Wednesday, March 20, 2013
Article # 410. Flavonoids
Flavonoids are phytonutrients in plant-based food products that often contribute to the color of the foods. They provide antioxidant activity which may play a significant role in cardiovascular health and may help to prevent against diseases such as cancer caused by free-radical damage. They may also provide benefit in the prevention of other chronic conditions such as osteoporosis and diabetes. Certain plant-based food groups are known to be much higher in flavonoids than others including some fruits, vegetables, spices and grains.
Flavonoids have several subcategories. Each type of flavonoid has a different chemical structure, and different forms are in various food sources. The six families of flavonoids are anthocyanidins, flavonols, flavanones, flavanols (including catechins and proanthocyanidins), flavones and isoflavones. Flavanols are a very large family of flavonoids, and include catechins, proanthocyanidins, theaflavins and thearubigins. Isoflavones are the most easily absorbed by the body, whereas anthocyanins and flavanols are less bioavailable.
Flavonoids receive promotion for a variety of health benefits. At the time of publication, there is research into their possible role in preventing cancer and heart disease, according to the American Cancer Society. Isoflavones, for example, might help to prevent prostate and breast cancer due to their ability to influence estrogen and other hormone levels. Flavonoids are also antioxidants, meaning they can rid the body of potentially harmful substances called free radicals. This protective benefit may prevent chronic disease and minimize the effects of aging.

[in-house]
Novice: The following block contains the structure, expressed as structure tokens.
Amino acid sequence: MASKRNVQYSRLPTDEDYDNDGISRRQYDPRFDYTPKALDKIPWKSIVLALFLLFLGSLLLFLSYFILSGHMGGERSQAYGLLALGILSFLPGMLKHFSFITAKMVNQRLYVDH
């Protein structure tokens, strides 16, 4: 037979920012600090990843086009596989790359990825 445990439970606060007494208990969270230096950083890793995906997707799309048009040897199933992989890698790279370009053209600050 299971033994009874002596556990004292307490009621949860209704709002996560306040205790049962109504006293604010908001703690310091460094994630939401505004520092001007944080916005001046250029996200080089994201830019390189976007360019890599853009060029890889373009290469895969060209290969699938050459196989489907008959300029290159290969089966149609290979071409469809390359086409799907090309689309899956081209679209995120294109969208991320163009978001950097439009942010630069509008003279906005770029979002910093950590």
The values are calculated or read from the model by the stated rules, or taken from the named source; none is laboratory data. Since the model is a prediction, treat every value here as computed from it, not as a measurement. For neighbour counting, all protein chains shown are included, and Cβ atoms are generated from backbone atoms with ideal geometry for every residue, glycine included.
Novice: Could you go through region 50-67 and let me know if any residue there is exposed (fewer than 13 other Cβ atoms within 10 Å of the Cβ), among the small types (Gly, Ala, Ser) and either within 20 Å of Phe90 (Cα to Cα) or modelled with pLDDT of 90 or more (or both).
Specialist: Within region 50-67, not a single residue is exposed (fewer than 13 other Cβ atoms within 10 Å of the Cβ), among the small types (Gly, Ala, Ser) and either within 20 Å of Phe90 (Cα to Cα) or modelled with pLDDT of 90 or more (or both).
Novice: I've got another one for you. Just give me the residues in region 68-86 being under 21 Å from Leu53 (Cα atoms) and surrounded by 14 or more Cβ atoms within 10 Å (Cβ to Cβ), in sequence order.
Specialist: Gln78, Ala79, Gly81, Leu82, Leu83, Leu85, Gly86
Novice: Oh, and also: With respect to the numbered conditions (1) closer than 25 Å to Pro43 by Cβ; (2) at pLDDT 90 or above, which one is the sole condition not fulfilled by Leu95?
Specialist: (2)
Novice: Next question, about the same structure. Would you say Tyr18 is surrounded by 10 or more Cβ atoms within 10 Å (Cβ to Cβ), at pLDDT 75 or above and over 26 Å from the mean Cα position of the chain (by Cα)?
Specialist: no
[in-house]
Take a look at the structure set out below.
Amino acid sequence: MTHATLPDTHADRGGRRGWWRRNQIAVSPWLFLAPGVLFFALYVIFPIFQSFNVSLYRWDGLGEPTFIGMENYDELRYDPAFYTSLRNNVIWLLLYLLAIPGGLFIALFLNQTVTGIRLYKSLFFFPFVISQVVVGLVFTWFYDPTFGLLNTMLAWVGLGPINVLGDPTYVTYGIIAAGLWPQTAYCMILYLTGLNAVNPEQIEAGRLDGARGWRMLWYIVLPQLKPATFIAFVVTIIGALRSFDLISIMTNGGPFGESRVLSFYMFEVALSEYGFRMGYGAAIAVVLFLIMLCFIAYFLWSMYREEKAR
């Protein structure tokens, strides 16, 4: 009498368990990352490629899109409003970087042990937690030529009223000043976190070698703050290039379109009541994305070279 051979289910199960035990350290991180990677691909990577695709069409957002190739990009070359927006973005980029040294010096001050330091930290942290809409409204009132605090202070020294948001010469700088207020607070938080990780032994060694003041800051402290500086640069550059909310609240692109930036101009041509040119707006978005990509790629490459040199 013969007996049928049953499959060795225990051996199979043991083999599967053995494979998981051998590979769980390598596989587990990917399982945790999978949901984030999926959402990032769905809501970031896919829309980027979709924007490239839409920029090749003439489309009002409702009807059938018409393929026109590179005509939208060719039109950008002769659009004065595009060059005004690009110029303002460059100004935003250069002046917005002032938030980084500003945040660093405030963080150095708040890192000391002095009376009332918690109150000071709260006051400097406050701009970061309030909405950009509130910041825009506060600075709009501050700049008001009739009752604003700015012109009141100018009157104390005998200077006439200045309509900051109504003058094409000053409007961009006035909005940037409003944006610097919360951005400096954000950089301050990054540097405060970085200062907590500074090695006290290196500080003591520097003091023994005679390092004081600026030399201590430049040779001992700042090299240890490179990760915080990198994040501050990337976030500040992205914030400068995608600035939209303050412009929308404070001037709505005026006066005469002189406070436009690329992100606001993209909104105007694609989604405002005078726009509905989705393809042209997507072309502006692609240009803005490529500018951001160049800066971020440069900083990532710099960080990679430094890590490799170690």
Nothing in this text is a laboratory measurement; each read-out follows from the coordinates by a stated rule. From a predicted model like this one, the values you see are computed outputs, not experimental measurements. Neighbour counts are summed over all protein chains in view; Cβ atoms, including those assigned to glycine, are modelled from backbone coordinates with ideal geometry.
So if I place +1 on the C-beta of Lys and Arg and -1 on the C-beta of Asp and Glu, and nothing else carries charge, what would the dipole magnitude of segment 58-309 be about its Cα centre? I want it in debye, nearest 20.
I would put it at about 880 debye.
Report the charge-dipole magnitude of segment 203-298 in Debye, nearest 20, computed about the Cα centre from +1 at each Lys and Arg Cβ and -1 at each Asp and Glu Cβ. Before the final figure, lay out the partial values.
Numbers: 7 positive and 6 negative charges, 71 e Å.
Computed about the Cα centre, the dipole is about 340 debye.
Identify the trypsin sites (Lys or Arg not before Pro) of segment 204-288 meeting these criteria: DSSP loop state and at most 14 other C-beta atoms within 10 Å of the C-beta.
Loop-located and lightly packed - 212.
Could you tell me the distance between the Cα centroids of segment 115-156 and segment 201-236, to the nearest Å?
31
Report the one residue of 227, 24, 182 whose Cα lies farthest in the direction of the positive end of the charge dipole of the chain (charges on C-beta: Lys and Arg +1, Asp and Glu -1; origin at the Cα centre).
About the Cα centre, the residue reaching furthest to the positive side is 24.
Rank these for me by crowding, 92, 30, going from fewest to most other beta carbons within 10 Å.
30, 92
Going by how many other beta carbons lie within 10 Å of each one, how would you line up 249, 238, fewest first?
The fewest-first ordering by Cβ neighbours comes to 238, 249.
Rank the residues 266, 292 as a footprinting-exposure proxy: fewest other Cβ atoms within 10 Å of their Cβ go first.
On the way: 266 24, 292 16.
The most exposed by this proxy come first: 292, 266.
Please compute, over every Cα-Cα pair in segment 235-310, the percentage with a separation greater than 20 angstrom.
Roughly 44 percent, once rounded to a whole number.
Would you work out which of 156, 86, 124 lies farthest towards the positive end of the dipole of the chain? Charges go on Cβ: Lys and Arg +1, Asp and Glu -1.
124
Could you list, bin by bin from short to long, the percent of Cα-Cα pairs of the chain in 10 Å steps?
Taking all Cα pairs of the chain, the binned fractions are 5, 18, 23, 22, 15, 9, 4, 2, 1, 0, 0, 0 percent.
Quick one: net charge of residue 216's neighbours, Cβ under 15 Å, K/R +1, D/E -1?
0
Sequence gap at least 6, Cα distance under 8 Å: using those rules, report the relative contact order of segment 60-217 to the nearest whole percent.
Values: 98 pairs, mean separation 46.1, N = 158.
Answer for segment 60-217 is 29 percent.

Flavonoids are in a wide variety of plant sources. The Linus Pauling Institute provides a comprehensive list of flavonoids and their corresponding food sources. Red, blue and purple berries, as well as red wine, are good sources of anthocyanidins. Flavanols are in tea, chocolate, berries, wine and apples. Citrus fruits and juices are excellent sources of flavanones, and soy products and legumes contain high amounts of isoflavones. Still other plant sources like parsley, celery, thyme, hot peppers, yellow onions, broccoli, kale and scallions contain flavonols and flavones.
Supplements vs. Food Sources
Much research remains on the role of flavonoids in human health. Therefore, doctors recommend that you obtain them from food sources whenever possible. Flavonoids come in the form of herbal supplements, but these products have no regulation by the Food and Drug Administration and are not proven safe or effective. For best results, incorporate fresh fruits and vegetables into your diet. Not only do they provide flavonoids, they are rich in other nutrients, like vitamins and minerals.